Lung function and damage over the life course and the effects of chemical agents

Lead Research Organisation: University of Liverpool
Department Name: Institute of Infection and Global Health


Lungs are an essential component of humans and are responsible for the gaseous exchange of oxygen and carbon dioxide. The lung itself is complex and is composed of many different regions, depending on function, and cell types. Over the life course of a person, their lungs are subjected to a range of infections and environmental pollutants, and during conflict the potential use of chemical agents such as ricin and chlorine gas. Special cells in the lung are present that can provide a first defence against infectious and chemical agents. However, such traumas can result in the phenomenon of airway remodelling and result in extreme cases in death or present as lifelong breathing difficulties. Using specialist facilities at the Defence Science Technology Laboratory we have extensive transcriptomic (mRNAs) and proteomic analysis (proteins) of lung tissue subjected to chemical damage. Many thousands of molecules were identified and quantified, as well as detailed clinical information. These datasets were gathered over time and represent an unprecedented window into the effects and consequences of lung damage. The PhD project will use informatics to integrate this data (transcriptomics/proteomics/clinical parameters) to provide an in-silico model of lung damage. This will focus on differential gene expression analysis to identify modified signalling pathways and potential pathways that can be therapeutically targeted. Specific highlighted pathways will be further investigated using ex vivo models of the lung. Thus, the project will involve both computational and wet biology. The project will be based at the University of Liverpool and involve short term research visits to the Defence Science Technology Laboratory located at Porton Down.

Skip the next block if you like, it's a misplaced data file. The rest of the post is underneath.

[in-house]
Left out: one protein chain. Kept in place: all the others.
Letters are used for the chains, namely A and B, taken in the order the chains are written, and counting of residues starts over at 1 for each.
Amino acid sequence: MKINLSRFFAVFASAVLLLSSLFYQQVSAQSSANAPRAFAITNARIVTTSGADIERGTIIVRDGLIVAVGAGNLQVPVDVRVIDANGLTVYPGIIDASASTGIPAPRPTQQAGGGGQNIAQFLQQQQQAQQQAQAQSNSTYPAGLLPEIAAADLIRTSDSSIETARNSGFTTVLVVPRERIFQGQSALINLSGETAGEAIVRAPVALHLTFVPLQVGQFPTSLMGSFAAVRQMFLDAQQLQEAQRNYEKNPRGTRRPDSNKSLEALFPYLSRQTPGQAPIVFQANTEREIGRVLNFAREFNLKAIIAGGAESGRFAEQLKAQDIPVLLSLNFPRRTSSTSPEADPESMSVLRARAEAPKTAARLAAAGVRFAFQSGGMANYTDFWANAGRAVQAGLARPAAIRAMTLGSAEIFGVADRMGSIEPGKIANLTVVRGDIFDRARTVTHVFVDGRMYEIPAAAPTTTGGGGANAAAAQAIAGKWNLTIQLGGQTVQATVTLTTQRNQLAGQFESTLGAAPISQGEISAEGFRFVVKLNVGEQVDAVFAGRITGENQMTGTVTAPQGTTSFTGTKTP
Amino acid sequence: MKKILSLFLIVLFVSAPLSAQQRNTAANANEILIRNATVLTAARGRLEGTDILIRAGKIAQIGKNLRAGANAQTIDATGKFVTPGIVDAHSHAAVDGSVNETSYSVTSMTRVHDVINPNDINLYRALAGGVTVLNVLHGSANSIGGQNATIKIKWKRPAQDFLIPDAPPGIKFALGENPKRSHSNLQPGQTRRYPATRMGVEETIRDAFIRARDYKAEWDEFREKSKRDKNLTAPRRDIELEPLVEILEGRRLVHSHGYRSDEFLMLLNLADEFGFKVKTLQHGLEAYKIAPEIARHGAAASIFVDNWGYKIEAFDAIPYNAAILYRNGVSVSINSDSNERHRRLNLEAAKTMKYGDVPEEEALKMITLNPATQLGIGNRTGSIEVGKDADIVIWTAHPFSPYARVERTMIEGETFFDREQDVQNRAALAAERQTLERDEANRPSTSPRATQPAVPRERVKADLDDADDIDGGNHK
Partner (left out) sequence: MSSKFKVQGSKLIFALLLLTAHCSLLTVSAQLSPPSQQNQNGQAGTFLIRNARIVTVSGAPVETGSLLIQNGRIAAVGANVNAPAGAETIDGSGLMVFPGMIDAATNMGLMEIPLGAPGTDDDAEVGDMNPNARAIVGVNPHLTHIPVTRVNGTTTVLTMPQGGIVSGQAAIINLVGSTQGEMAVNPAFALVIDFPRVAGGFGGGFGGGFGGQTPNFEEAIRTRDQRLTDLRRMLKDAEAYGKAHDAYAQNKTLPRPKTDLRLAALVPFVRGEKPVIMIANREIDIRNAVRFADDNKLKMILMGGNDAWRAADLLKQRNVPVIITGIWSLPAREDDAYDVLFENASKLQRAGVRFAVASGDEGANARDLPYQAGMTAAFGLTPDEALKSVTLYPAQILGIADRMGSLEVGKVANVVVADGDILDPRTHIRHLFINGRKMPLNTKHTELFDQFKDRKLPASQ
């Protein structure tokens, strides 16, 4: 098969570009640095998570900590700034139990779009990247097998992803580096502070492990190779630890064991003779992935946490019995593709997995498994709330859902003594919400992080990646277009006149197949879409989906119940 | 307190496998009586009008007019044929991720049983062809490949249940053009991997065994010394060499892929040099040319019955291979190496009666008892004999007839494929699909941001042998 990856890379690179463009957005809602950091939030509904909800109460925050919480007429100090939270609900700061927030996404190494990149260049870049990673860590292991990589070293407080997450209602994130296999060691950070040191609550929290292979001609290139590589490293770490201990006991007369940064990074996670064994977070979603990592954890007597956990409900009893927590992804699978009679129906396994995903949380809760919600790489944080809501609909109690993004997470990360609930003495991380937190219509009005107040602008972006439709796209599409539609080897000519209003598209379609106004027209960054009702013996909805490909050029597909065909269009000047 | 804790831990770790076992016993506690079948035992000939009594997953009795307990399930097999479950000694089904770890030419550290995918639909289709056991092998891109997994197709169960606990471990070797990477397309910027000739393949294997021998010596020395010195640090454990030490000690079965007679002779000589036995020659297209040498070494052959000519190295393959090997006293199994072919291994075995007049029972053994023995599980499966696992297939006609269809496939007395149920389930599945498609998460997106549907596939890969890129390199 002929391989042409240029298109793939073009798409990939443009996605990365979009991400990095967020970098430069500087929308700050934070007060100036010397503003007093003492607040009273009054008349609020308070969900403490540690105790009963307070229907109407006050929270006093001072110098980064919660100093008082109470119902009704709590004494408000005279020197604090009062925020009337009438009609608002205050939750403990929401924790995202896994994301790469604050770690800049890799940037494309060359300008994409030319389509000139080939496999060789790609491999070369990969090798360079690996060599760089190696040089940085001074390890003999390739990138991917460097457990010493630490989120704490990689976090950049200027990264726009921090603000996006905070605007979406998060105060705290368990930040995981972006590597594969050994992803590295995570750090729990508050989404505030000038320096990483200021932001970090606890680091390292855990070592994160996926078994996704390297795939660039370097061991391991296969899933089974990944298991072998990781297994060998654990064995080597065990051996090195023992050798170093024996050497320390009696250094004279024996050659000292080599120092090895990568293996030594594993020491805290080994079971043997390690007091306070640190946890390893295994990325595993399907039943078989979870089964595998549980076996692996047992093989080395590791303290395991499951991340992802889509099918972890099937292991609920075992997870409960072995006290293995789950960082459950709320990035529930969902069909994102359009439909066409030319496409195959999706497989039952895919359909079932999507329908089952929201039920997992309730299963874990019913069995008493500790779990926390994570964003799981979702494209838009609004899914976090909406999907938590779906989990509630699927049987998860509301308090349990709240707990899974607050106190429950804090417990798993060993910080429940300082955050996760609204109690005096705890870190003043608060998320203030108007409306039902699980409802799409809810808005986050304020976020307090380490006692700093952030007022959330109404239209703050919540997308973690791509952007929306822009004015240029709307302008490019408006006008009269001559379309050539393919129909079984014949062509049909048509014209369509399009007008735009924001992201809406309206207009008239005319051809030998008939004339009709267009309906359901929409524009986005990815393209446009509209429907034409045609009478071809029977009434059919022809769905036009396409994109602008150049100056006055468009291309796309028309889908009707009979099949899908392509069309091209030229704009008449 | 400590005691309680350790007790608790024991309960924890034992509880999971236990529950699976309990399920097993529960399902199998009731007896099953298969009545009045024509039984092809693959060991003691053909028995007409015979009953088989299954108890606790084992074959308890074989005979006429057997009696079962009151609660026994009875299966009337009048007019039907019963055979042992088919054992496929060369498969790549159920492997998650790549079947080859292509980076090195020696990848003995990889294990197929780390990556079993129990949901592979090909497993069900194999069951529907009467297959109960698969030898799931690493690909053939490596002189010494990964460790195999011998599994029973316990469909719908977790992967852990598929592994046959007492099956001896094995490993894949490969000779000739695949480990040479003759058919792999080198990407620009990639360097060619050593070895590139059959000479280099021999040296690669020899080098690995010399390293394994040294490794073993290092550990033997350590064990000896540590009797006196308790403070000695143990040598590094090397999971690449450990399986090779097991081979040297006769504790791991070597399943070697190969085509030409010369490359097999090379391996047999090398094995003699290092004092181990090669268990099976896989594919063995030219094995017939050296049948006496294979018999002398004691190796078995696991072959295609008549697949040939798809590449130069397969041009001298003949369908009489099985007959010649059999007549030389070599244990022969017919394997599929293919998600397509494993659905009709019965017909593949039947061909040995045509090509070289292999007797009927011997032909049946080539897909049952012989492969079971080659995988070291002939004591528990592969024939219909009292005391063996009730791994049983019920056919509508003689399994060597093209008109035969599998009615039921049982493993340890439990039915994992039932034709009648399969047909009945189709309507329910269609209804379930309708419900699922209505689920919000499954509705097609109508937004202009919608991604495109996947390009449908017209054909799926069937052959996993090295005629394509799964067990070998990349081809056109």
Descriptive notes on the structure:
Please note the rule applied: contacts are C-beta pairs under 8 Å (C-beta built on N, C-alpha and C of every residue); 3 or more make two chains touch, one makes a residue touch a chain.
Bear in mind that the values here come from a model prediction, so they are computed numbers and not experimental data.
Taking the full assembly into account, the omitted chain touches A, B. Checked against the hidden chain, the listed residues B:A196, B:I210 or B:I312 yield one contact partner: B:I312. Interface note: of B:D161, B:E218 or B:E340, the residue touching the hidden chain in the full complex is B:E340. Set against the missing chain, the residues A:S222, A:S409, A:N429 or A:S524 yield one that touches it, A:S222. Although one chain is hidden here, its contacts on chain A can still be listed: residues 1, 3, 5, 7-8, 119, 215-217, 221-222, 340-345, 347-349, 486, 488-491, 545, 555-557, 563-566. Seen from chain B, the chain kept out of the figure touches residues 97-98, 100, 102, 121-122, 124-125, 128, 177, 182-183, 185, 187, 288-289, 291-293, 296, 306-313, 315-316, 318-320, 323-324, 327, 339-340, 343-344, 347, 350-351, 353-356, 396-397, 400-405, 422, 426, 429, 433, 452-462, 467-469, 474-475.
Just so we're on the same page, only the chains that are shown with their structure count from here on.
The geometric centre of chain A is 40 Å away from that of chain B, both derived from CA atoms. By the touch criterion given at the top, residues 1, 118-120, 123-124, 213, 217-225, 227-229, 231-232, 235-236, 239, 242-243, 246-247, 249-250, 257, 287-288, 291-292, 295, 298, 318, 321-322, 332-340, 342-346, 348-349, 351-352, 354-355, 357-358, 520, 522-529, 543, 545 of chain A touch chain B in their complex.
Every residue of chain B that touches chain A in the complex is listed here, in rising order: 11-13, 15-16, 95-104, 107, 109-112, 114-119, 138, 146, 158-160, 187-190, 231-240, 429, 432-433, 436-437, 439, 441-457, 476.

10 25 50
Description DiMeN - Flexible funding for skill building
Amount £7,000 (GBP)
Organisation Medical Research Council (MRC) 
Sector Public
Country United Kingdom
Start 09/2018 
End 10/2018
Title MinION sequencing 
Description MinION is a handheld sequencing tool developed by the UK company Oxford Nanopore. MinION is portable, real-time, and comes with a relatively low-price-tag (the starter pack costs $1,000). The device contains an array of micro scaffolds that support a polymer membrane containing thousands of embedded nanopores. Once loaded and connected to a power source, an ionic current pass through each nanopore generating a voltage difference across the membrane. During sample preparation "adapter" proteins are ligated to the ends of genomic DNA or cDNA strands. The adaptor proteins direct the strands to the membrane where they pass through the pore in a unidirectional flow. As the nucleic acids are transported through a pore, each base disrupts the current in a unique fashion; allowing the sequence to be obtained. By 2014, the MinION, a hand-held portable sequencing device was introduced to an early access scheme, and in 2015 it became commercially available. During library preparation, genetic material within the sample is not intentionally fragmented, enabling the MinION to generate sequence reads which are substantially longer than other comparative platforms. Traditional sequencing methods rely on the fragmentation and in sillico reassembly of DNA/RNA sequences. This fingerprinting approach can sometimes yield poorly constructed, low quality assemblies, especially when it comes to assembling complex genomic regions and highly identical sequences which can lead to missing information and genomic reduction. Longer read lengths allow for overlapping so that the sequence can be unambiguously reconstructed. Long read lengths also enable the identification of epigenetic modifications and transcript isoforms. Apart from human applications, other organisms such as plants have highly repetitive sequences making it difficult to obtain a complete genome using short read methods. Aside from longer read lengths, MinION also has the advantage of being able to directly sequence native RNA and DNA enabling the detection of individual nucleotide modifications. 
Type Of Material Technology assay or reagent 
Year Produced 2019 
Provided To Others? No  
Impact N/A 
Description Blue Dot science festival 
Form Of Engagement Activity Participation in an activity, workshop or similar
Part Of Official Scheme? No
Geographic Reach Regional
Primary Audience Public/other audiences
Results and Impact At the start of each day, two people dressed in full hazmat regalia (White paper suit, shoe covers, blue gloves and facemasks) stood at a point on the Bluedot map and infected 250 passers-by. Each infected person received an infected blue sticker, and a sticker pack with instructions to infect 3 people then pass the stickers on. we mapped the spread of the Bluedot fever and identified the source point. This activity sparked questons and discussions about outbreak reponse
Year(s) Of Engagement Activity 2006,2019